Then everything went south. As it always seemed to, nowadays. Two months later, Inara started gettin' all crabbed on something. Kept to herself, mainly, and made all manner of use out of her 'private line'. He should have been suspicious. Hell, he should have torn out that gorram line and tossed it out the airlock. But he trusted her. Idiot he was. She was gettin' back into the game. He tried to tell himself that it weren't personal, but that's the way it burned him.
Serenity still sat where he left her, a thing of beauty amongst the long grass of the plain they put her down on. He remembered growin' up on a plain kinda like this one. Only it had a herd of steers keepin' the grass nice and low. He didn't think too long on that, though. Shadow was gone. Another planet, literally killed by the Alliance. How many more would they kill, he thought? He shook his head and continued slogging through the grass. Somethin' weren't right.
"You noticin' what I'm noticin', sir?" Zoe said, hand instantly to her hogleg. She drew the weapon up with a flip of her wrist, and made the rest of the walk staring down iron. Mal pulled out his pistol for good measure. Wouldn't do if Zoe was the only one to get a shot off. He overlayed the scene with what had been goin' down when he left. Kaylee, swollen belly and all, was under the Mule, tryin' to get the ruttin' thing workin' again. Ever since they run it through the wall of that bar on Newhall, it ain't exactly been trustworthy. Simon wouldn't be too far away, and Jayne'd be watchin' over both of them. Wouldn't know it to look at him, but the mercenary had a hell of a protective streak to him.
The cargo hold was empty of people. Oh, sure, the Mule was still there, held aloft by chains from the cieling, but there wasn't nobody nearby, and Kaylee sure as sweet bung wouldn't have left it there if she'd gone off to do whatever else.
Then he saw Jayne's weight bench. The damn thing was torn in half. Either his mercenary killed it in a firey passion, or... He leaned up, looking down into the common area.
He was runnin' before he knew it, almost trippin' over Dell before reachin' her. Her eyes was all sorts of unfocused, but she seemed like she was coming around. For an instant, when her eyes focused on him, she smiled. Then that smile went cold and vanished. But she had smiled.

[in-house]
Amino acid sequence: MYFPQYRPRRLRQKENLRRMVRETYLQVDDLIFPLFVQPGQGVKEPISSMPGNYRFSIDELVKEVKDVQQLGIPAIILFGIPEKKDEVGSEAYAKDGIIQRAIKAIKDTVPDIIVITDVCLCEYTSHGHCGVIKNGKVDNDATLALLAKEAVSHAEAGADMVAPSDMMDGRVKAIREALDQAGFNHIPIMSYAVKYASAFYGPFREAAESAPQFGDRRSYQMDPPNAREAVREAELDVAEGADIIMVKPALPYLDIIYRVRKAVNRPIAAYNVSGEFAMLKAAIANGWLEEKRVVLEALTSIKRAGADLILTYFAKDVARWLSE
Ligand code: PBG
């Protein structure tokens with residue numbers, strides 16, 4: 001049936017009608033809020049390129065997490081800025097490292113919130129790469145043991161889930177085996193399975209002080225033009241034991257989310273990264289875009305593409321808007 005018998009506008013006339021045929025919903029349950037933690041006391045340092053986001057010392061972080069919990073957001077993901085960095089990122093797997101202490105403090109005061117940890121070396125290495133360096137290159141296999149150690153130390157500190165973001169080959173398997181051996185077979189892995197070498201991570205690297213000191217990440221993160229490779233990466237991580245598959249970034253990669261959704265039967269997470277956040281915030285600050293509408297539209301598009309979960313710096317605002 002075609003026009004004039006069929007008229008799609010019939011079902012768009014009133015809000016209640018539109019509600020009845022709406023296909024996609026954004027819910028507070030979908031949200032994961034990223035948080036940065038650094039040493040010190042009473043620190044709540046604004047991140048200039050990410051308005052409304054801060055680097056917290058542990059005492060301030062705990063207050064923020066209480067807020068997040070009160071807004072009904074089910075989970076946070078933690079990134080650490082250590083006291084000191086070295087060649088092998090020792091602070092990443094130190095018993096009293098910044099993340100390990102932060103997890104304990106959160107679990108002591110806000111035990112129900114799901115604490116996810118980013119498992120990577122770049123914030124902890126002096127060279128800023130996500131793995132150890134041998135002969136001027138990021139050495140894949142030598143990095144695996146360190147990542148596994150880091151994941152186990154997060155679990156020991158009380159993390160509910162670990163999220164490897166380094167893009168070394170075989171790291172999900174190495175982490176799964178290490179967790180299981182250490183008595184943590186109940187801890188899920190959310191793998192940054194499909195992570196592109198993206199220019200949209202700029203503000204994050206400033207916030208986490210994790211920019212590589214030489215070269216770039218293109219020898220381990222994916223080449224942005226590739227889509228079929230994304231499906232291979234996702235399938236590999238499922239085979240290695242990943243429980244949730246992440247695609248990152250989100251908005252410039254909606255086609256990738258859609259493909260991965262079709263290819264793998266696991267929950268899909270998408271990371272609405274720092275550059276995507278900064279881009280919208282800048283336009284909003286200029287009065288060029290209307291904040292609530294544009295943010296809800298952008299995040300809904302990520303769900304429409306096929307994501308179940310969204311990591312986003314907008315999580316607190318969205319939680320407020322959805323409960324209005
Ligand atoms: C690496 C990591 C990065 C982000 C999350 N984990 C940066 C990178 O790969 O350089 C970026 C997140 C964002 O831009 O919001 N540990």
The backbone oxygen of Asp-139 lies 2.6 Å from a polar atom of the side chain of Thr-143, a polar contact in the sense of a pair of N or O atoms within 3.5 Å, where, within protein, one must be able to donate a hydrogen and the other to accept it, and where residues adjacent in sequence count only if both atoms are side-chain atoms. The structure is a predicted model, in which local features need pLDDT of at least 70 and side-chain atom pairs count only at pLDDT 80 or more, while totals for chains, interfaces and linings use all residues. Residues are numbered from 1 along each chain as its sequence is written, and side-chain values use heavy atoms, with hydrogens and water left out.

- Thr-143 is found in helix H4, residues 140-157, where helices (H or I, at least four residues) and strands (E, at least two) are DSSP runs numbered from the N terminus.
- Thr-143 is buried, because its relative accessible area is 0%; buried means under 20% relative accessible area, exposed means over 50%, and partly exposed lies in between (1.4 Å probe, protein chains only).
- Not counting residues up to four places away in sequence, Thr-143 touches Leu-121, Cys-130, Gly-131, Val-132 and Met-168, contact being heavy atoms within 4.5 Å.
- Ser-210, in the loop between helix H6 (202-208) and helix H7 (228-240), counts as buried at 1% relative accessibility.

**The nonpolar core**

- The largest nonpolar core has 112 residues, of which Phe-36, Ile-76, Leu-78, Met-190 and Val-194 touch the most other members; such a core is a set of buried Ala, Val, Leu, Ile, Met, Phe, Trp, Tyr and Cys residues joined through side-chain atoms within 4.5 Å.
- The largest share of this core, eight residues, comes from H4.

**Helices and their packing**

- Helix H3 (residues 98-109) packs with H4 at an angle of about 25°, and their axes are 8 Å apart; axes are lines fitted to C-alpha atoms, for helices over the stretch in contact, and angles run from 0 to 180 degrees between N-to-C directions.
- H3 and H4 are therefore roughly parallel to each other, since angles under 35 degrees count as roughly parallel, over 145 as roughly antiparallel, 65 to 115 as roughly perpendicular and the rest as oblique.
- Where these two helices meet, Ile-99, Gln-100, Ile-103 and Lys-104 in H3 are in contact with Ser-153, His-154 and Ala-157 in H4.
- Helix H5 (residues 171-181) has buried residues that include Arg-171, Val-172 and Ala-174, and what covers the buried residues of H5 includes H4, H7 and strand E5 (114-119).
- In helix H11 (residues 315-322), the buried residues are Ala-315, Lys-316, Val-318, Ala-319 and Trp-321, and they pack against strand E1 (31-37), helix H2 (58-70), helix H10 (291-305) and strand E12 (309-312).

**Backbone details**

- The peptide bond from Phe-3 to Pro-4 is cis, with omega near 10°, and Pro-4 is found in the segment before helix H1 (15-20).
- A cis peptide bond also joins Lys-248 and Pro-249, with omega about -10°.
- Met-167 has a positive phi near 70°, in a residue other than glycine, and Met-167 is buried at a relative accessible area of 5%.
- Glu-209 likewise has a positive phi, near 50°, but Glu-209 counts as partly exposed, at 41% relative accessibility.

"What happened?" he asked, glancing around. He saw something that didn't look to belong. "And why the hell is there a little girl on my boat?"
"Guild business," Inara said flatly. Of course it was ruttin' Guild business. Meant, none of his. "And... I don't remember. Just two men in suits. Came aboard. They knocked Jayne out, and locked the doctor and Kaylee in the passenger dorms," Zoe grunted a moment in respect. Not too many folk could beat up Jayne, his current pilot excluded. Her dark eyes rose to meet his, and for a second, he thought she was about to cry. "I tried to stop them."
"That weren't smart," Mal said.
"No, it most certainly wasn't," Inara agreed. She forced herself up, holding onto the beams of the wall for support. "I think they were after River."
Mal spared one more glance to Inara, another to the as-yet-unnamed fourteen year old girl, and a final one to Zoe and Dell, then strode quick to the passenger dorms. All empty. With a growl and a Mandarin profanity, he threw himself up the stairs, gun out before him. He marched straight up to the cockpit, takin' in the chair all turned about. A data-disk sat on it. He picked the thing up, and spun it 'tween his fingers for a second. Then he popped it into the slot. Jayne's face, bleedin' and a bit bruised, stared back at him.
"They got 'er, Mal. They got River," he said, his blue eyes flashing awful fiercely. "She's still talkin' to me, but they've got her... And I'm goin' after her."
"What?" Mal asked the recorded image. It didn't bother explaining to him.
"I tried to keep her safe, Mal. I really did," in that moment, Mal knew the merc was bein' sincere. "Humped it up good. I'm gettin' her back. Don't think on followin' us, Mal. River girl say you do that, all's goin' to hell. I got to do this by my lonesome. If I don't come back... make somethin' up. Don't tell them I died like some jackass."
The screen went blank for about a second. "Oh," Jayne said, as his now stitched visage reappeared on the screen. "I'm takin' the doc and Kaylee with me. Those blue gloved hun dahn ain't gonna know what hit 'em. Teach them to mess with my River." The screen went blank again.
"Sir?" Zoe said, supporting the still extremely groggy Dell on her shoulder.
"That was kinda odd, weren't it?" Mal said.
"How do you figure, sir?"
"You ever know Jayne to call the girl River?" Reynolds pointed out.
"Actually, what struck me as a touch funny," Zoe corrected, "isn't that he called her River."
"What do you mean?" Mal asked.
"He called her 'my River'."